• Tencent Weibo, owned by Tencent, has 507 million users who live more in smaller cities that Sina Weibo’s. But like Qzone, Tencent Weibo attracts new customers thanks to its instant messaging base: QQ.

Even if less people use it, Sina Weibo has a very important and maybe the most influence on the Chinese society. It is a source of expression and of information. The limit of 140 characters has nothing to do with the limitation in western countries: with 140 Chinese characters, people can write short novels, named “Wei Xiao Shuo”(micro novels). This high capability relative to the content allows more the circulation and the exchange of opinions. As it is really difficult to control the information on social media, Chinese people trust more information they find on Weibo than on traditional media.

IV.             WeChat: Tencent

 wechat

WeChat is a mobile application which is very successful in China based on same concept as Viber. 300 million people use this micro-messaging app in 2013 in the whole world. 260 million of them are Chinese people; 40 million are from other countries.

Wechat is a big success as you can see. And analysts are convinced it will be used by 100 million people more in 2013. As a foreigner living in China I can say WeChat is a big discovery and a very useful tool to keep in touch with my family and my friends around the world. I totally understand why WeChat is the favourite way for Chinese people to stay in touch with each other. This application is free, we can chat everywhere, both writing and speaking, it works for every Smartphone from every countries. There are a lot of funny applications and emoticons. It can be used to share pictures and short texts, like on Twitter.

An application allows us to see what happen around our place, which people are connected. It is a very efficient marketing tool, as you can see more deeply in this article.

V.               Renren

renren

This social media is a kind of Facebook. Indeed, it offers similar appearance and functions than the famous American social media. Created by students in 2005, it was called Xiaonei (means in the campus in Chinese) before.  It was recalled Renren. “Ren” means “person” in Chinese. So “Renren” means “everybody”. This social media had 172 million users at the beginning of 2013, mainly students and teenagers.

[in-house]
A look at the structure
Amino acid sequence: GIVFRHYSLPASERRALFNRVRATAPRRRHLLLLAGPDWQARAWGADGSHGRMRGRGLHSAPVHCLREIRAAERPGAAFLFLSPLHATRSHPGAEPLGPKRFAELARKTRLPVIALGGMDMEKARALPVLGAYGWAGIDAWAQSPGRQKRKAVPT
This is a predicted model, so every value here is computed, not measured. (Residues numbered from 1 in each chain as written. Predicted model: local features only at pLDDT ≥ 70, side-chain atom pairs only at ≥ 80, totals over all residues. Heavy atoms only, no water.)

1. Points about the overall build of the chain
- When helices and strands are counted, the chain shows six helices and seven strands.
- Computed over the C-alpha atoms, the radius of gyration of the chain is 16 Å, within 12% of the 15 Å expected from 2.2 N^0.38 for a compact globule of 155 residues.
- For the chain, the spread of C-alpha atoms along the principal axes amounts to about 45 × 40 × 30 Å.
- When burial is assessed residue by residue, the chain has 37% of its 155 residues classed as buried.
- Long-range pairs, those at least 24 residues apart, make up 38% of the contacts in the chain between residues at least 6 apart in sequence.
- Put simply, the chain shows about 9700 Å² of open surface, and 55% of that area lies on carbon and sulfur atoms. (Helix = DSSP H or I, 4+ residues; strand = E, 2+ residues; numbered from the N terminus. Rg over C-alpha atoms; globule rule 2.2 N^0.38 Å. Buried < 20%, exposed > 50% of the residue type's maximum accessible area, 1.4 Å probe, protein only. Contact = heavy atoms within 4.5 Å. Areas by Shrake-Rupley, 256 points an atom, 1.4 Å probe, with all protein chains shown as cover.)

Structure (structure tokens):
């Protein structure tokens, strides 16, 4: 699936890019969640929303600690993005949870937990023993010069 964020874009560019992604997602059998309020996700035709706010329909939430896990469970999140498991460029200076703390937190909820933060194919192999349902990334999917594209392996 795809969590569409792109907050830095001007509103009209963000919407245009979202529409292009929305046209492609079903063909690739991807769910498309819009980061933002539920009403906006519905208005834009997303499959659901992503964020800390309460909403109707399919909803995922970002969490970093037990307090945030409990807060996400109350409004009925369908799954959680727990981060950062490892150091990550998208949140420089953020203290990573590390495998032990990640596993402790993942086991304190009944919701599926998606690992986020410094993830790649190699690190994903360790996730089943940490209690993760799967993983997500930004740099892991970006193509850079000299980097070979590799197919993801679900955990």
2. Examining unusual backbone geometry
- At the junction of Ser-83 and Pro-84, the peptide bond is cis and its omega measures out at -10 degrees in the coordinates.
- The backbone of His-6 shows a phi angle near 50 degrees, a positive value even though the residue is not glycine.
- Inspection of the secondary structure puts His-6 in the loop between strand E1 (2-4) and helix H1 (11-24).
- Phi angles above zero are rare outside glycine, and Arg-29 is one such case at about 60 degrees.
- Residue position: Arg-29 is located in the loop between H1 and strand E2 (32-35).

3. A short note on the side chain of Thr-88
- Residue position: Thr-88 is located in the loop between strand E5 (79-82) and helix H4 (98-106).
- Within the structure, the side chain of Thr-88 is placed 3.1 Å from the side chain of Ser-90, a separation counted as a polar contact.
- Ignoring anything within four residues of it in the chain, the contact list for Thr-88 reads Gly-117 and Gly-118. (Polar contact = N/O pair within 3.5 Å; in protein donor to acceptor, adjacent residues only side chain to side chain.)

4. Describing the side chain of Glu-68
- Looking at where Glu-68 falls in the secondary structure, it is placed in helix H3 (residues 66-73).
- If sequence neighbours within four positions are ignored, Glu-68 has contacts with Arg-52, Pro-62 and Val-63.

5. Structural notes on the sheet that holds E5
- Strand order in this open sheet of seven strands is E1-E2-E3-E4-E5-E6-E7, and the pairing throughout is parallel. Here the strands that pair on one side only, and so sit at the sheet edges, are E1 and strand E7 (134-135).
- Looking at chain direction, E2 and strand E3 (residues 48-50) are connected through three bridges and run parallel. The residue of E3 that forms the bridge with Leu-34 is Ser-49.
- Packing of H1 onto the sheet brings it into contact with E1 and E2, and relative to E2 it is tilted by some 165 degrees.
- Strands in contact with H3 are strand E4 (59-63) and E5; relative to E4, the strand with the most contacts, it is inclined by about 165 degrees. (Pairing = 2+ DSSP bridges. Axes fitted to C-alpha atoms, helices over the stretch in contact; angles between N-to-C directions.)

VI.             Kaixin 001

Kaixin001

Kaixin (“happy” in Chinese) is a kind of Facebook too. Kaixin 001 has 113 million users.

The difference between Kaixin and Renren is that Kaixin’s targets and main users are white-collar workers. Thus the audience is older than Renren’s.

VII.            Conclusion

In many aspects, Chinese social media landscape is an adaptation of the western one. They answer to the same basic needs of people and adapt the platform, options, apps to the particularities of the Chinese users and culture. Those adaptations to the Chinese culture are necessary, as eBay learnt with its failure in China and the incredible success of Taobao, its local competitor (to know more about this topic, click here).

Social media in China is particularly important for companies. According to a McKinsey Institute study “High influence: China’s social medias boom” (January 2013), Chinese people are mere likely buying a product if it is mentioned on social media and purchasing it if it is recommended by a friend or if it has a good reputation on social medias. In a country where traditional sources of information are controlled by the government, people trust more the opinion of other users in social media. Moreover, as China is a collectivist country, people naturally like to be connected and value the other’s opinion, even more than western countries. As a phenomenon, 91% of Chinese people of this study’s respondents said they visited a social media site in the previous six month, compared to 30% in Japan, 67% in United States and 70% in South Korea.